A PwC survey of Chief Financial Officers has found increased automation and artificial intelligence are expected to drastically change the finance function within organisations over the next three years.

However, the vast majority of CFOs say they do not feel ready to seize on the opportunity. 

The survey also found that the country's finance leaders are less confident about the future prospects for the economy compared to two years ago.

57% of CFOs said they have a favourable view about the overall prospects for the Irish economy in the year ahead, but this is down from 81% in 2016.

Irish chief finance officers also believe that more planning is needed for Brexit.

According to today's report, 68% of CFOs said they were either not prepared or had not made extensive plans for the consequences of Brexit.  

38% said that their organisation's level of trade with the UK would decline as a result of Brexit.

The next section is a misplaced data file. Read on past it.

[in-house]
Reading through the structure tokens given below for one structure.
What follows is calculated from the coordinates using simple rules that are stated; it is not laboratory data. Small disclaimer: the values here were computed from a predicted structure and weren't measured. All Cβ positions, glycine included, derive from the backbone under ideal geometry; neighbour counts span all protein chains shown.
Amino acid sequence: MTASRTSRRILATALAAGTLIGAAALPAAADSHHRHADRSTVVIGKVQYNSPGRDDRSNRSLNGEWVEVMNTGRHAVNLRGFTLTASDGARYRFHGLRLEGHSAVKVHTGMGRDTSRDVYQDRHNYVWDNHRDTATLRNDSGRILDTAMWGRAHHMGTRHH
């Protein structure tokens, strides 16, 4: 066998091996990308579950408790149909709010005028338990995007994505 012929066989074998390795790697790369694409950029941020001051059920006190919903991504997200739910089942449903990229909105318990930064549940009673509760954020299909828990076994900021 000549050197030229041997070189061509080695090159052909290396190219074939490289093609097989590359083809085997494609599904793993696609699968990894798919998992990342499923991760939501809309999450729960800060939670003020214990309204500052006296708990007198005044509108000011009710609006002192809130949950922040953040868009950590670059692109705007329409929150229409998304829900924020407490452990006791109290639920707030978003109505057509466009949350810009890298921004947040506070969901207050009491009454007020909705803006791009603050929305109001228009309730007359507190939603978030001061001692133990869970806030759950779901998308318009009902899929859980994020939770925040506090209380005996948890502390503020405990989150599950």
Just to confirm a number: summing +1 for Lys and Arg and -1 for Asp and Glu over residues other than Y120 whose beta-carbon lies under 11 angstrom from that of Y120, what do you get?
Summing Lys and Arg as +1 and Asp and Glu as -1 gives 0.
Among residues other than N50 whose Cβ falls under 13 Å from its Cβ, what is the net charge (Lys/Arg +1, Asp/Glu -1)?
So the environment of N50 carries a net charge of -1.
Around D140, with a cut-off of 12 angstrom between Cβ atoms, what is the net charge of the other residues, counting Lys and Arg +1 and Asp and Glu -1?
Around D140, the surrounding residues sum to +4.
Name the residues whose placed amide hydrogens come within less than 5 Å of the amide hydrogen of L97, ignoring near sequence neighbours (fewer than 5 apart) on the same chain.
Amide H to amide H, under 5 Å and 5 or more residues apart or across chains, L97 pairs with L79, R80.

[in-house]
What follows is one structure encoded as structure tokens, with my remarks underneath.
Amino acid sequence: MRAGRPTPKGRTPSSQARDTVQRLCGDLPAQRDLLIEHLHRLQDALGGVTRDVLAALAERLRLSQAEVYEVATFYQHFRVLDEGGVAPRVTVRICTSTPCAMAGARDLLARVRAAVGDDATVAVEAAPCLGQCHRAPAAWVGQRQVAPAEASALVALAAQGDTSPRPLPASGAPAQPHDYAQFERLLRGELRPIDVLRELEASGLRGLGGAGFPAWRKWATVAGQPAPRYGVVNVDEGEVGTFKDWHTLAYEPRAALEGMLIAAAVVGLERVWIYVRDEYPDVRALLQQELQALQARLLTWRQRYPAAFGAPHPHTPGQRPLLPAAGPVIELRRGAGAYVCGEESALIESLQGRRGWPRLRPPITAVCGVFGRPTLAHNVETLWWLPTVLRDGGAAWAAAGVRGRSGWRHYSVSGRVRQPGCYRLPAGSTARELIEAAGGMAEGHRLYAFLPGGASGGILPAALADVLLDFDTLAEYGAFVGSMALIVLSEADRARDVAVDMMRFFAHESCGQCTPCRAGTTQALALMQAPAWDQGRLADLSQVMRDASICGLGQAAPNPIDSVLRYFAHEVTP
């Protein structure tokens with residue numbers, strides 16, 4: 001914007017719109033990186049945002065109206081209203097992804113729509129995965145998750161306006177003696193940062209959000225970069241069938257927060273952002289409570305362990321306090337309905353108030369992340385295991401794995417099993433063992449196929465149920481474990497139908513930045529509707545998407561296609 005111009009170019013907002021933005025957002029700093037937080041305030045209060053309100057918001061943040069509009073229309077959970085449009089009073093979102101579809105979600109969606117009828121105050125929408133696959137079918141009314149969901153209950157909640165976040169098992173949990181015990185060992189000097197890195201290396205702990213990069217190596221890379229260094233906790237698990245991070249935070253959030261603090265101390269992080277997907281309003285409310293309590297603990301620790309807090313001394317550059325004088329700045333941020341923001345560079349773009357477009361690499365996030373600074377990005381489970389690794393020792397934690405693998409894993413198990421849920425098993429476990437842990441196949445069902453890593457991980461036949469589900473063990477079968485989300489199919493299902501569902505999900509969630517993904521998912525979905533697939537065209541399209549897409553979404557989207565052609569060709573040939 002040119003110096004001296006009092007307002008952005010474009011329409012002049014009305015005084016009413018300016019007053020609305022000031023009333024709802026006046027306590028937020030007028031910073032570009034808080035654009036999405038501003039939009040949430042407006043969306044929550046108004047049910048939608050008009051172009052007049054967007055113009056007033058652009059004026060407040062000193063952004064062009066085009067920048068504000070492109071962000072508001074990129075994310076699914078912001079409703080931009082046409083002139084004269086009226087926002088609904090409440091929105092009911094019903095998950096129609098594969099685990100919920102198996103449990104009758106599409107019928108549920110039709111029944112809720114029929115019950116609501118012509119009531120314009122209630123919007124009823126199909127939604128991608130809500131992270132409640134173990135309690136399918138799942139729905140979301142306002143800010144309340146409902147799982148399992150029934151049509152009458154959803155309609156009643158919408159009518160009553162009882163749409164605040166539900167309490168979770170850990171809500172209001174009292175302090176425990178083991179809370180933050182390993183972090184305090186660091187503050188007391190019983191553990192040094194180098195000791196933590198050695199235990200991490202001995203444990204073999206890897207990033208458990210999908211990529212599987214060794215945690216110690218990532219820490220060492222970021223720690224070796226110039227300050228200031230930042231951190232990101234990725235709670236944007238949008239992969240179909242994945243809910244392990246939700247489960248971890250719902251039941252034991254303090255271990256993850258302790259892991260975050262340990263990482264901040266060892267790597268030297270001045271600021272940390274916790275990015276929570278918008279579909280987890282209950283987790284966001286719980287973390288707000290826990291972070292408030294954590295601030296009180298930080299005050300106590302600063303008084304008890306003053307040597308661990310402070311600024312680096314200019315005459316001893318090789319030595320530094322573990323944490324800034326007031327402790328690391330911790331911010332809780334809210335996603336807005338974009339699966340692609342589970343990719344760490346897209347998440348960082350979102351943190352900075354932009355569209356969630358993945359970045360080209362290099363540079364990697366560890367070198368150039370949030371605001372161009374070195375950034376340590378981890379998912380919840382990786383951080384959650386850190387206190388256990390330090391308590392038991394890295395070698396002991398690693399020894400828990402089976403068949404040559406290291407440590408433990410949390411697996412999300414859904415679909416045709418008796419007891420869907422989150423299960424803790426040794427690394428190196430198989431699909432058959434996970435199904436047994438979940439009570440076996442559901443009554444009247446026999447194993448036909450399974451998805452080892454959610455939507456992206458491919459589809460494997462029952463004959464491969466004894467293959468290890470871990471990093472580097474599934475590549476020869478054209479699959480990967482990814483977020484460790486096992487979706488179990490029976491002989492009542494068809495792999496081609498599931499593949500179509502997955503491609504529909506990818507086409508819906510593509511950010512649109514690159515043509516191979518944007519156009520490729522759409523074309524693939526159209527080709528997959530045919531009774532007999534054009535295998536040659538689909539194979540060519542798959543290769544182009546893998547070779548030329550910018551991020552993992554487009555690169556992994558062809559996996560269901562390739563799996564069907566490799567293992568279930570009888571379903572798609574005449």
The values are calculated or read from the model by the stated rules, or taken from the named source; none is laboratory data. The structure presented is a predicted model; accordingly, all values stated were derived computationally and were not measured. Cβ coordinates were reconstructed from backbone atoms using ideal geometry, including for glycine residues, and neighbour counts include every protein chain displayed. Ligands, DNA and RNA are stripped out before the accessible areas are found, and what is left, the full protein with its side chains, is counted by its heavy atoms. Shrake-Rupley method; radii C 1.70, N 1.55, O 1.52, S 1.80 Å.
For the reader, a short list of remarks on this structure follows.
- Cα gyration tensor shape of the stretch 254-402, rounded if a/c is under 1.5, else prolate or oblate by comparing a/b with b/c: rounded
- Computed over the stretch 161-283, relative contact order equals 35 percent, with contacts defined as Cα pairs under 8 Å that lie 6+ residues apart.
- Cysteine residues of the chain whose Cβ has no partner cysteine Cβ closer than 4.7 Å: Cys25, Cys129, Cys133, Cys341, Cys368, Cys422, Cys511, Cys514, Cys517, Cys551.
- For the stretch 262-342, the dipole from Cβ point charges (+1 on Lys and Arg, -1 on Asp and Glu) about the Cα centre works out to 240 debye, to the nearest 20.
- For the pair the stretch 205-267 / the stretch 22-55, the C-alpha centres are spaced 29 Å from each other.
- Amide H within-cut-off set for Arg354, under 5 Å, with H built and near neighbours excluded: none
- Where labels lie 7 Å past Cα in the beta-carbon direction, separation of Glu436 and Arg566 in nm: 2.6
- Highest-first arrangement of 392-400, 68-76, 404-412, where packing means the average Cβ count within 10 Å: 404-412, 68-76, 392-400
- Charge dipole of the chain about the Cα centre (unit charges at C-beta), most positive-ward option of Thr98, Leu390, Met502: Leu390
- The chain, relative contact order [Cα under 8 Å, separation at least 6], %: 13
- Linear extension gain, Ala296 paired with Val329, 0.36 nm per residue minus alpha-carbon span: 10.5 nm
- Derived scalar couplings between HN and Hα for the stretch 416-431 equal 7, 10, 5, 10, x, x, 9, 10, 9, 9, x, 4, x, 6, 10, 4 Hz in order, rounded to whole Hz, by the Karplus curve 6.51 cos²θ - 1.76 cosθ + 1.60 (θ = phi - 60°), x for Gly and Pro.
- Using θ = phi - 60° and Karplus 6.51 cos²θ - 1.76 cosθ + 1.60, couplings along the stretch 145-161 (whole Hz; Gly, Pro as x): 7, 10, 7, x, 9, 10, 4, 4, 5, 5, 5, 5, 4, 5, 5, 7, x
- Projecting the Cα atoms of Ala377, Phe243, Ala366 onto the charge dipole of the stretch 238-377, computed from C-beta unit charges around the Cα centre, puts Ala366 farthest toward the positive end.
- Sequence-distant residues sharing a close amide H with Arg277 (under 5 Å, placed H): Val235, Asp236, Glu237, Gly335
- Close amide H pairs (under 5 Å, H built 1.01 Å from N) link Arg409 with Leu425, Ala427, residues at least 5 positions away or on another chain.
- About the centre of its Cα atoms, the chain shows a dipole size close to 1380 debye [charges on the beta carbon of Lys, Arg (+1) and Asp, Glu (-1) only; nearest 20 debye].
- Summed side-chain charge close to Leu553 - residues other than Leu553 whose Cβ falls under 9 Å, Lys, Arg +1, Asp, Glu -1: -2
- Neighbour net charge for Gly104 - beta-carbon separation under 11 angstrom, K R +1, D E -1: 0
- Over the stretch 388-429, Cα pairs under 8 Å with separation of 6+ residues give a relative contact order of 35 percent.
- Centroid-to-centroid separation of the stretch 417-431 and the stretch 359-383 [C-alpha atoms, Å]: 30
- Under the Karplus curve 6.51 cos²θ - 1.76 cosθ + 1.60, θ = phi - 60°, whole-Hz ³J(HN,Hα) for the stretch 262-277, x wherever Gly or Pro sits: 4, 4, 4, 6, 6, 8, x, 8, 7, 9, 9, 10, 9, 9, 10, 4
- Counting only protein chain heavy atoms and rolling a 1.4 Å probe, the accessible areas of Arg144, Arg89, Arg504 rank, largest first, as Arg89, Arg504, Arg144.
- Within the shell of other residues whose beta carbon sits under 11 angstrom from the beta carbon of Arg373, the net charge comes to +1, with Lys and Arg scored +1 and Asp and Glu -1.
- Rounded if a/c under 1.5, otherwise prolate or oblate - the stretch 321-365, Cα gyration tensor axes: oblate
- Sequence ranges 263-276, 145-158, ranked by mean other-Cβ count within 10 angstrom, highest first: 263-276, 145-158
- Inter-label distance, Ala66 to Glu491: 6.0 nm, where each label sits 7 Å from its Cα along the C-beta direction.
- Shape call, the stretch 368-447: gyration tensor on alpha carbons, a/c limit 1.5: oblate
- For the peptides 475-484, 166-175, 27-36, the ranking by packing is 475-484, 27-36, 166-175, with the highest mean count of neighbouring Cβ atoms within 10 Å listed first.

However, CFOs also pointed to a silver lining of Brexit opportunities, including stronger relationships with like minded member states, diversification into new markets and products and increased FDI and jobs into Ireland and a greater focus on improved cost competitiveness (13%). 

On the prospects for their companies, 71% anticipate growth in revenues in the year ahead, slightly down from the 76% in 2016 but much improved on 2012.

44% anticipate growth in profits in the year ahead, down substantially down 67% in 2016 and 55% in 2012.

The survey also revealed that 43% anticipate growth in headcount in the year ahead, down from 48% in 2016.

Amy Ball, Partner for Performance Improvement at PwC Ireland, said that Ireland's finance leaders are more cautious about the future performance of Ireland’s economy as well as about some of their key business metrics such as profits and costs. 

She said it is likely that Brexit is also adding to the uncertainty for many. 

"With more restructuring on the cards, finance leaders are challenged to sustain growth with many actively looking at ways to build business models that are fit for the future," Ms Ball said. 

"Going forward, technology and automation will be key to the survival of the fittest. And getting this investment right first time will be critical," she added.